9. I’m gratified for the mentoring I’ve done at conferences. To see folks get to publication (like Richard Mabry–thanks, Doc) who have worked hard and kept at it, that’s a beautiful thing. Some of this mentoring can be passed on through writing books and articles, which is why I write them.

    If I could go back in the past, I would probably have picked John D. MacDonald for a mentor. He elevated everything he wrote with an unobtrusive style, knew story, had a great work ethic.

  10. I was lucky enough to meet Tasha Alexander back before I thought writing as a career was a possibility, and it’s all thanks to her that I’m published today. My first year as an ITW debut author, I was also privileged to have Hank Philippi Ryan assigned as my official mentor, so I lucked out twice. In both aspects it was more industry mentoring than it was writing advice. My dream-mentor, just because I love her books so much, would probably be Barbara Mertz AKA Elizabeth Peters, and there – in spite of her undeniable commercial success – I’d definitely be asking writing questions.

  11. James, I love your choice of John D. MacDonald for all the reasons you stated. If I could pick a dream mentor it would be Dick Francis. He could capture a character in a few vivid words, create many-faceted main characters, and devise intricate and fast-paced plots that kept me up nights reading his books in one big gulp. I would love to give the same gifts to my readers.

  12. Mentoring, except when a formal program as Joe described, flows from relationship. (In Joe’s case, the relationship has followed.)

    This is why it’s important for new writers to connect with the writing community, but you can’t just raise your hand and ask for a mentor, please. No, you have to show yourself to be approachable, personable, coachable, and a person who is willing to give as much as receive.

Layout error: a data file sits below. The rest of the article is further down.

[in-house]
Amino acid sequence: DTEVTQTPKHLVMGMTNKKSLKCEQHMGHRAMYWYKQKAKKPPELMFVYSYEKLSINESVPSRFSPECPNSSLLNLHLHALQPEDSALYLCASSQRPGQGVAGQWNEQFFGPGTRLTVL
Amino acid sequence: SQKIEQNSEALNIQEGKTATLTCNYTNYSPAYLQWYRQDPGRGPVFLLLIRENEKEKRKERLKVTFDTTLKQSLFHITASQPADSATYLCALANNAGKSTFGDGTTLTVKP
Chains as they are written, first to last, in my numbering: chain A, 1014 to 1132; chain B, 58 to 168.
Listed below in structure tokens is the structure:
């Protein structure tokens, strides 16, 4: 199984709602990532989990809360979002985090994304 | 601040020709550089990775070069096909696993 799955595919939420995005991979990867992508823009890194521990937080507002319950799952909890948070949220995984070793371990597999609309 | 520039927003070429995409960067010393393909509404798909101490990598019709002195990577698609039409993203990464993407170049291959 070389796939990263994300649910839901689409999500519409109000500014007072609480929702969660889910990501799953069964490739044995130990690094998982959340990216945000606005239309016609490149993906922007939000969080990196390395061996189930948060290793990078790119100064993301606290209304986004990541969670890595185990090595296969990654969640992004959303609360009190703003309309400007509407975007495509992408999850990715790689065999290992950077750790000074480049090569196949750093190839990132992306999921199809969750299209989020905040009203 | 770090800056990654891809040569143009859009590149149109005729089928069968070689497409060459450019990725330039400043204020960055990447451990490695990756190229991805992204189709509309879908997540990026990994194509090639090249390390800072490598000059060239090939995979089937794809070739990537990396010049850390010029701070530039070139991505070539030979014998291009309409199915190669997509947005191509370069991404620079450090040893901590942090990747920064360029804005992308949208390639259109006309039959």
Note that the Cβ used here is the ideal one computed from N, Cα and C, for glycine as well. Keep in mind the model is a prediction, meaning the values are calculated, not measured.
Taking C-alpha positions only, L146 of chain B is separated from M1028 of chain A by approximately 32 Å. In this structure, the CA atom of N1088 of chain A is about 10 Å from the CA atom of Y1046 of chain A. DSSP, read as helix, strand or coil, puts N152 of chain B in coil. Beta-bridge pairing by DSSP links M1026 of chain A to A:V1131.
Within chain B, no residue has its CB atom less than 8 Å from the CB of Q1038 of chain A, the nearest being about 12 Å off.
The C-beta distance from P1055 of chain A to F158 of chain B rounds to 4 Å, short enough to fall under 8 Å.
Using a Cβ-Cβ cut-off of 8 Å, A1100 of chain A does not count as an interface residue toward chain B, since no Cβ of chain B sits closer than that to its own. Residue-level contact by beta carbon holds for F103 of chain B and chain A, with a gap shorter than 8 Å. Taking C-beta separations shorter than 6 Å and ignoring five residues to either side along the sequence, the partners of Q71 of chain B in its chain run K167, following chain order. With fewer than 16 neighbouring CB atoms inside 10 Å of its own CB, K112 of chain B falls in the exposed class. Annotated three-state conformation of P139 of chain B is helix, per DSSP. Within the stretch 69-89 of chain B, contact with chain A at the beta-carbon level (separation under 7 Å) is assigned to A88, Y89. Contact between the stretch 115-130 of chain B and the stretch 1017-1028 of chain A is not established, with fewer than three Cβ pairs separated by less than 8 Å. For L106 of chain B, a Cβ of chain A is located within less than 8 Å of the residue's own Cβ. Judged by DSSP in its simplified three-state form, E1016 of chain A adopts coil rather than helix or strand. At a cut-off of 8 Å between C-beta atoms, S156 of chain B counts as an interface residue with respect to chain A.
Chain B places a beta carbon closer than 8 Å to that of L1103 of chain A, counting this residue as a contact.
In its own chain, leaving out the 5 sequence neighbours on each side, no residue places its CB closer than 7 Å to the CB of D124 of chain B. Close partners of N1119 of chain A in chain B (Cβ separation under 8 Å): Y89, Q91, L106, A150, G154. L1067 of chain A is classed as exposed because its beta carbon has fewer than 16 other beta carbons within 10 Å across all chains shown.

Then, one might have different mentors for different things. A writing mentor on craft. Another writer who mentors on promotion/the business of writing. Another yet who mentors on career building. Not everyone has the skill or gift to be an all-around mentor.

    I’d love to be mentored by any of my top-tier, favorite multi-published novelists, especially those who have career wheels consisting of multiple spokes. Right now, I’m receiving mentoring with regard to freelance writing from Angela Booth. It began because I won a contest she sponsored on a blog of hers that I follow.

  13. All great mentor ideas and it looks like some of my fellow bloggers have already risen to the challenge and been great mentors themselves! I think the time commitment is a deterrent to many authors as they have to spend so much of their own time on publicity etc. – not just their own writing. An ideal mentor for me would be someone who was a hard task-master, who challenged me to raise the bar with each book and someone who also belived strongly in my ability – hmmm..haven’t found anyone yet:)

  14. I agree with Richard Mabry. James Scott Bell is the best mentor I’ve ever had. If the time constraints are tough on him you’d never know it.

    Through conferences, and workshops, questions and crisis, (Help me, Obi-Wan Kenobi; you’re my only hope)Jim’s always helped out when I asked him for guidance. And I know there are more of us than just Richard and I.

    Every once in awhile we get to learn from someone who really helps us “get it” in a way that makes sense.

    Thanks Obi-Wan! You’ve been an awesome help.

  15. I need a mentor…or a womantor even…someone to motivate me. My mojo is slojo and slowering.

    The ideal mentor for me would be someone who could honestly critique my work, give me advice to fix what ails it, then kick my gluteus maximus gently but firmly to stay focused.

  16. This blog looks great and I would subscribe to it, but I really don’t want to add another account to my life or use a “news reader.” How about adding an option for simple RSS feed or email delivery or even email notification?